All 4 Paws wins grant for clinic with ’can-do’ idea – Coastal Observer
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All 4 Paws wins grant for clinic with ’can-do’ idea

Tom Carter and Allison Gillespie go over plans for the clinic that will sit on the slab behind them.

Staff at All 4 Paws Animal Rescue take to the road when it is time to spay or neuter cats and dogs, driving as far as Moncks Corner to use clinic space. So a couple of shipping containers will come in handy. 

The nonprofit has received a $230,000 grant from the Petco Foundation that will allow it to set up a spay and neuter clinic in a pair of 40-foot-long shipping containers. 

It will be the first vet clinic developed by Clinics in a Can, which began converting containers into medical facilities in 2002.

“When you step inside one of these clinics you would think you were in a regular clinic or ER,” said Mike Wawrzewski, a physician’s assistant who founded the company. It was an outgrowth of a Christian mission that built hospitals overseas.

The company, based in Witchita, Kan., has made clinics for an array of human services, including COVID-19 testing. They are intended to go to places with limited resources and infrastructure. This will be the first veterinary clinic.

“It’s going to be a fraction of the cost of a big clinic,” said Tom Carter, who chairs the All 4 Paws board.

He thinks the concept will be a model for other shelters in the country.

Carter discovered Clinics in a Can after learning that the cost of a stick-built clinic that met ASPCA guidelines would be about $700,000. 

If All 4 Paws wanted a clinic it could open to the public to help defray the cost, the price would be about $800,000.

“We can’t really afford that,” Carter said.

All 4 Paws pitched the clinic to the Petco Foundation for an innovation award. The foundation uses a “Shark Tank” format that, because of the pandemic, was done by video this year. Allison Gillespie, the operations director at All 4 Paws, pitched the clinic saying, “we really just need you and your can-do attitude.”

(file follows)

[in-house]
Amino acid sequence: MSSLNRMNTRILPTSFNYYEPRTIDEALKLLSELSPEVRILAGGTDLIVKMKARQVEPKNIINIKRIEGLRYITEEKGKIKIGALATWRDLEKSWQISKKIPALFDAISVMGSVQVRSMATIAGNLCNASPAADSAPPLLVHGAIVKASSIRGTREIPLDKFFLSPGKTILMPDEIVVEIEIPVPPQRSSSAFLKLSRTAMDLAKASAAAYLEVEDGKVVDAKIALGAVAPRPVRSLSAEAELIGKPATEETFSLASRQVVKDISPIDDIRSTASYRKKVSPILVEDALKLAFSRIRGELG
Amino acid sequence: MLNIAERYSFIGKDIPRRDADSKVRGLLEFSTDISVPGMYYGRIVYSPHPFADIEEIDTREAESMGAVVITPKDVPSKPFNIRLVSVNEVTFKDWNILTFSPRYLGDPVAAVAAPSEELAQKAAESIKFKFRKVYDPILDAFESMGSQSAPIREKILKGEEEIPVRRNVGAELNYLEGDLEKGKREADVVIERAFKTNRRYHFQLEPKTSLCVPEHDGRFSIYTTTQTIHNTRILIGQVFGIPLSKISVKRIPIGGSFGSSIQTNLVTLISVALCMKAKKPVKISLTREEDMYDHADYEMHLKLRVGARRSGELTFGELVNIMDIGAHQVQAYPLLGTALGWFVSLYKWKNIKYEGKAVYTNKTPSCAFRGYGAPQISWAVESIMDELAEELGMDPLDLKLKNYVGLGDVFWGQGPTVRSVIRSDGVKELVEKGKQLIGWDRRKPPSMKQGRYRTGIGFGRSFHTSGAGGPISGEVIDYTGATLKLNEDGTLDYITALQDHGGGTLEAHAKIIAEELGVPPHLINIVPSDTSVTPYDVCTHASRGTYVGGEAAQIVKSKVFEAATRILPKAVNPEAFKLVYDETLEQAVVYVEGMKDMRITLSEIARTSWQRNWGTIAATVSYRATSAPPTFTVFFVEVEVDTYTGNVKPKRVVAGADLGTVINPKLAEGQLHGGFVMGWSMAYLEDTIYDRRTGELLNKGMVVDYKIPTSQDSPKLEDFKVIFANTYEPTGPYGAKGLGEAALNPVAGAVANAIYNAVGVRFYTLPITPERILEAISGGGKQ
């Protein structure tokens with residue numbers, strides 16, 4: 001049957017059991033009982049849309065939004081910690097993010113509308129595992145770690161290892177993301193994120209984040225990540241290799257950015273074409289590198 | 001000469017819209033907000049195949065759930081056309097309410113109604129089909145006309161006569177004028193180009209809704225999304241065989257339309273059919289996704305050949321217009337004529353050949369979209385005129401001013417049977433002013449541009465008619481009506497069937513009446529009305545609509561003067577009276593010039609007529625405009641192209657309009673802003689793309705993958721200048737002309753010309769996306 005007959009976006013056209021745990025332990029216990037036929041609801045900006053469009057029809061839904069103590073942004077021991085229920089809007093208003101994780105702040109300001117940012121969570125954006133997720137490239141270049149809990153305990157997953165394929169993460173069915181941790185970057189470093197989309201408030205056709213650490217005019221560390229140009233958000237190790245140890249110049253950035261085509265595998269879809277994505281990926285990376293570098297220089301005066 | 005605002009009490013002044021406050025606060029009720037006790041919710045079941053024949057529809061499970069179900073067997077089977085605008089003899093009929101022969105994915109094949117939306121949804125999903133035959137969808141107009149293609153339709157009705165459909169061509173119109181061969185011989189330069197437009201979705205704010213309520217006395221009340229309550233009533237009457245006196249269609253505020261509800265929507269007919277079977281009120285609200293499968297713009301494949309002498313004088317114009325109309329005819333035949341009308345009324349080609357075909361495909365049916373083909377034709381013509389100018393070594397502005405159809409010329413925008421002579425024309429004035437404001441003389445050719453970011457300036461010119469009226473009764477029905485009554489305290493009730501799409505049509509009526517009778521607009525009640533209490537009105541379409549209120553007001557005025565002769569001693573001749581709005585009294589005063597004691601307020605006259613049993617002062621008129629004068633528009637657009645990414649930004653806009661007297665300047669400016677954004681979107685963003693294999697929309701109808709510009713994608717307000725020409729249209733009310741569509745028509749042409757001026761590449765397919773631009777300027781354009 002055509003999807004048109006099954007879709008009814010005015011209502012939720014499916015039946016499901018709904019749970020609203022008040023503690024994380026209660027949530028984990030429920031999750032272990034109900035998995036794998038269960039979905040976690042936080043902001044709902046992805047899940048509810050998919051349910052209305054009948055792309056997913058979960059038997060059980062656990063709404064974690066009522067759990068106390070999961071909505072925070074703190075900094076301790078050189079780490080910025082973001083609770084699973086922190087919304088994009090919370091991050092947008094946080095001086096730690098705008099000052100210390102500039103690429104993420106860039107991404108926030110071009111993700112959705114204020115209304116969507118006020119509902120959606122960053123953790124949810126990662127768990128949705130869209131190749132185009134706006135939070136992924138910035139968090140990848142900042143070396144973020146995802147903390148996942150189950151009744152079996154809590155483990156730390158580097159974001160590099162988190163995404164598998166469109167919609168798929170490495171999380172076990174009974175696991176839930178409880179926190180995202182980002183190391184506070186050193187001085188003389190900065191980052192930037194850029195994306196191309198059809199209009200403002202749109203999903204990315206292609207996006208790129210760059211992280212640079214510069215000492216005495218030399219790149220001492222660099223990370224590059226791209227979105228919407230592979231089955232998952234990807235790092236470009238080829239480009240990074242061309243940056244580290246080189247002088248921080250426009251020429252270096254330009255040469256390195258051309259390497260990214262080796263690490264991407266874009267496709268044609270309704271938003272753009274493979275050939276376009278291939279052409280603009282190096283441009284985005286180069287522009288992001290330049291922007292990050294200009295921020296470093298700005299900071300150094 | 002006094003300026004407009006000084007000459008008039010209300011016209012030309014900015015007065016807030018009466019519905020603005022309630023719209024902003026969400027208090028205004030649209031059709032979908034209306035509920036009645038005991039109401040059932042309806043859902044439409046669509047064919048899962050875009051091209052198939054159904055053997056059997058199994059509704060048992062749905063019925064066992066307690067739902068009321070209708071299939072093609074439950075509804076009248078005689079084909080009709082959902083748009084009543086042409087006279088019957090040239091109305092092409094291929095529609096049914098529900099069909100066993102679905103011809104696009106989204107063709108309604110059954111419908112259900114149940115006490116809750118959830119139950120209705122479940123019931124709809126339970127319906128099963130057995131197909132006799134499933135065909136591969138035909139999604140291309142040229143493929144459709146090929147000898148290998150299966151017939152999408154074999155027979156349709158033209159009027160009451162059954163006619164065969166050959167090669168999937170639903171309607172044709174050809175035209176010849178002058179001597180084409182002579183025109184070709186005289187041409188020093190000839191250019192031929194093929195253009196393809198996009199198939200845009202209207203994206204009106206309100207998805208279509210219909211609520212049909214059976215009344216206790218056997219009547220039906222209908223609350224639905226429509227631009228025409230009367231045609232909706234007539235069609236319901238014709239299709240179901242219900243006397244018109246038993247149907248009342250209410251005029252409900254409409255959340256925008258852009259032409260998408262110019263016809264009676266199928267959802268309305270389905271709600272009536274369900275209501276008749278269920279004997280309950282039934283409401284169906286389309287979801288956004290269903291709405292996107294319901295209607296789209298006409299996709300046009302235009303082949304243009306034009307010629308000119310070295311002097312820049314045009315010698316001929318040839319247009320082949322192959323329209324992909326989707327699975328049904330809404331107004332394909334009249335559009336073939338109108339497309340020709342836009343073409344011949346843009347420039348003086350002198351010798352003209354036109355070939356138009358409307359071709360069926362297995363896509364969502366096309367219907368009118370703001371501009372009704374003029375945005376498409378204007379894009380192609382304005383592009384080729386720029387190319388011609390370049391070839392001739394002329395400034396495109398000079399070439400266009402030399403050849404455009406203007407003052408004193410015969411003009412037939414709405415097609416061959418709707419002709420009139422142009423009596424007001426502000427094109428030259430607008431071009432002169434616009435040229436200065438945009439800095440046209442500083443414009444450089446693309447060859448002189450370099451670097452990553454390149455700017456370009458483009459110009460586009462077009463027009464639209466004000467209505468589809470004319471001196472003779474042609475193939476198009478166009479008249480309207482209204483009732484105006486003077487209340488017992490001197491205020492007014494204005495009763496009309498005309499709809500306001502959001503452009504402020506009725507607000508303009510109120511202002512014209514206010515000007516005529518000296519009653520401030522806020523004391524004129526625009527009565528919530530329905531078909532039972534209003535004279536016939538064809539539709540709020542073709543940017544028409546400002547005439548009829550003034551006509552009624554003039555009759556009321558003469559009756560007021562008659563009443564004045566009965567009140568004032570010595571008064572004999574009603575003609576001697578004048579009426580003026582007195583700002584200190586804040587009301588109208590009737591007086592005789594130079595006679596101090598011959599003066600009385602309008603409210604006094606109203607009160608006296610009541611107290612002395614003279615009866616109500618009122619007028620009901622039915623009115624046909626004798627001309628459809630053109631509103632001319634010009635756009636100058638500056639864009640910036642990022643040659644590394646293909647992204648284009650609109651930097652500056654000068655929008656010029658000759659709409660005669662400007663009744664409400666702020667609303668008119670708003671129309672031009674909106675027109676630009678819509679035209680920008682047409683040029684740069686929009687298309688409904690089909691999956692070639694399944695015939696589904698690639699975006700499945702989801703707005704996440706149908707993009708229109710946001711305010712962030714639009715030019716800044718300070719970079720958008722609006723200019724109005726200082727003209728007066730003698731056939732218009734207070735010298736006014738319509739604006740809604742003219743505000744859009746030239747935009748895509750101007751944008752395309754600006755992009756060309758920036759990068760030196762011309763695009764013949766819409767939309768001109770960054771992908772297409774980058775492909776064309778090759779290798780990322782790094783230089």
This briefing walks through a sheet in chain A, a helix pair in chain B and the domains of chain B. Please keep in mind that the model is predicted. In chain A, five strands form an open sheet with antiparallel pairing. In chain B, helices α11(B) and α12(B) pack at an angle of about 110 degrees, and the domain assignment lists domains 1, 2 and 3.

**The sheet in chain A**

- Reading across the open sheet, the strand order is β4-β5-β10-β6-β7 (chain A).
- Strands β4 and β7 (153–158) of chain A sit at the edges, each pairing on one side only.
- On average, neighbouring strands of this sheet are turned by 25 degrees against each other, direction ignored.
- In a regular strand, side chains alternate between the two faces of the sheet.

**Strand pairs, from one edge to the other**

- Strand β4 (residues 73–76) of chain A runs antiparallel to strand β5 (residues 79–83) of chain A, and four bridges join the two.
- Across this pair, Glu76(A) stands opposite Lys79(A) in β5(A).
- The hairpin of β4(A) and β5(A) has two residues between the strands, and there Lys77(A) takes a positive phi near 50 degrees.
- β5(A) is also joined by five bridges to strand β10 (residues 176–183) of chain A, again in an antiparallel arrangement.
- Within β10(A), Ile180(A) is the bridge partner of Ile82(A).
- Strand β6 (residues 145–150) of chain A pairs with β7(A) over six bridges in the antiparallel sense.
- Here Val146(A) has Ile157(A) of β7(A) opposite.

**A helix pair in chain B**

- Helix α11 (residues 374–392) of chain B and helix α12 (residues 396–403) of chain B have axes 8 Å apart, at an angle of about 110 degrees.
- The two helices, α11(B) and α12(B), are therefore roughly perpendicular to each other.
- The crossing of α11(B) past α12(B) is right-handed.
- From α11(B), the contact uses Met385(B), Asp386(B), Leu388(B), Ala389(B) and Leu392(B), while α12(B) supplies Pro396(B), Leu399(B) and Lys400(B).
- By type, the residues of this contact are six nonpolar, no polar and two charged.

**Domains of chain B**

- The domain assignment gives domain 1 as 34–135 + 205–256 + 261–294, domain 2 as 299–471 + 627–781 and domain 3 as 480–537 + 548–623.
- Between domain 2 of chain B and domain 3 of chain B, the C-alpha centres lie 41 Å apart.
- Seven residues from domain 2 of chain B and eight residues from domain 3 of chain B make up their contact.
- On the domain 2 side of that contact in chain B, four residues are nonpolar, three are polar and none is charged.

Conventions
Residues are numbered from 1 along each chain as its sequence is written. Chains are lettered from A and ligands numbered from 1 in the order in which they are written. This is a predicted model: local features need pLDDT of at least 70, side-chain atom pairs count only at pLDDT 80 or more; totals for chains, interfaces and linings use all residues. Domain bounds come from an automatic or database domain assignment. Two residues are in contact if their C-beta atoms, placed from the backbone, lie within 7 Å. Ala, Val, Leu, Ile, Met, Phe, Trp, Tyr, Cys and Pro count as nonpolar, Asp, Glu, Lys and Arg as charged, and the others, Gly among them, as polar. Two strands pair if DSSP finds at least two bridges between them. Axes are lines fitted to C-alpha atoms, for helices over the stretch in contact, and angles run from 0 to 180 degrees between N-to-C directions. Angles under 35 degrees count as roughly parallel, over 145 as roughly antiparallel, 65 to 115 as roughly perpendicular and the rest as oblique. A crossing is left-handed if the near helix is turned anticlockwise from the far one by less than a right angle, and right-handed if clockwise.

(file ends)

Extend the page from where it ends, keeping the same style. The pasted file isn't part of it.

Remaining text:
All 4 Paws won the competition.

The nonprofit still has to raise $58,000 to complete the project, but it expects to have the clinic in place this fall, Carter said.

All 4 Paws bought a lot off Petigru Drive near its shelter last year. A mobile home on the site was sold, leaving a 73-foot-long concrete pad behind. That was before Carter discovered the Clinic in a Can concept.

Having the pad will reduce the cost of permitting and construction for the clinic. “This thing has just taken on a life of its own,” Carter said.

Only 13 percent of the shelters in South Carolina have budgets over $1 million, he said. Those are the ones that can afford spay and neuter clinics.

“Their intake is so high, they can’t open up the time to take in community spay-neuters,” Carter said.

All 4 Paws, with revenue of just under $600,000, is a mid-size shelter. With its own spay-neuter clinic it will be able to help smaller organizations, he said.

“There’s no way we can stop euthanization across the country if we can’t spay and neuter. Having our own clinic, we could do a lot more,” Carter said. “You have to empower local clinics like us.”

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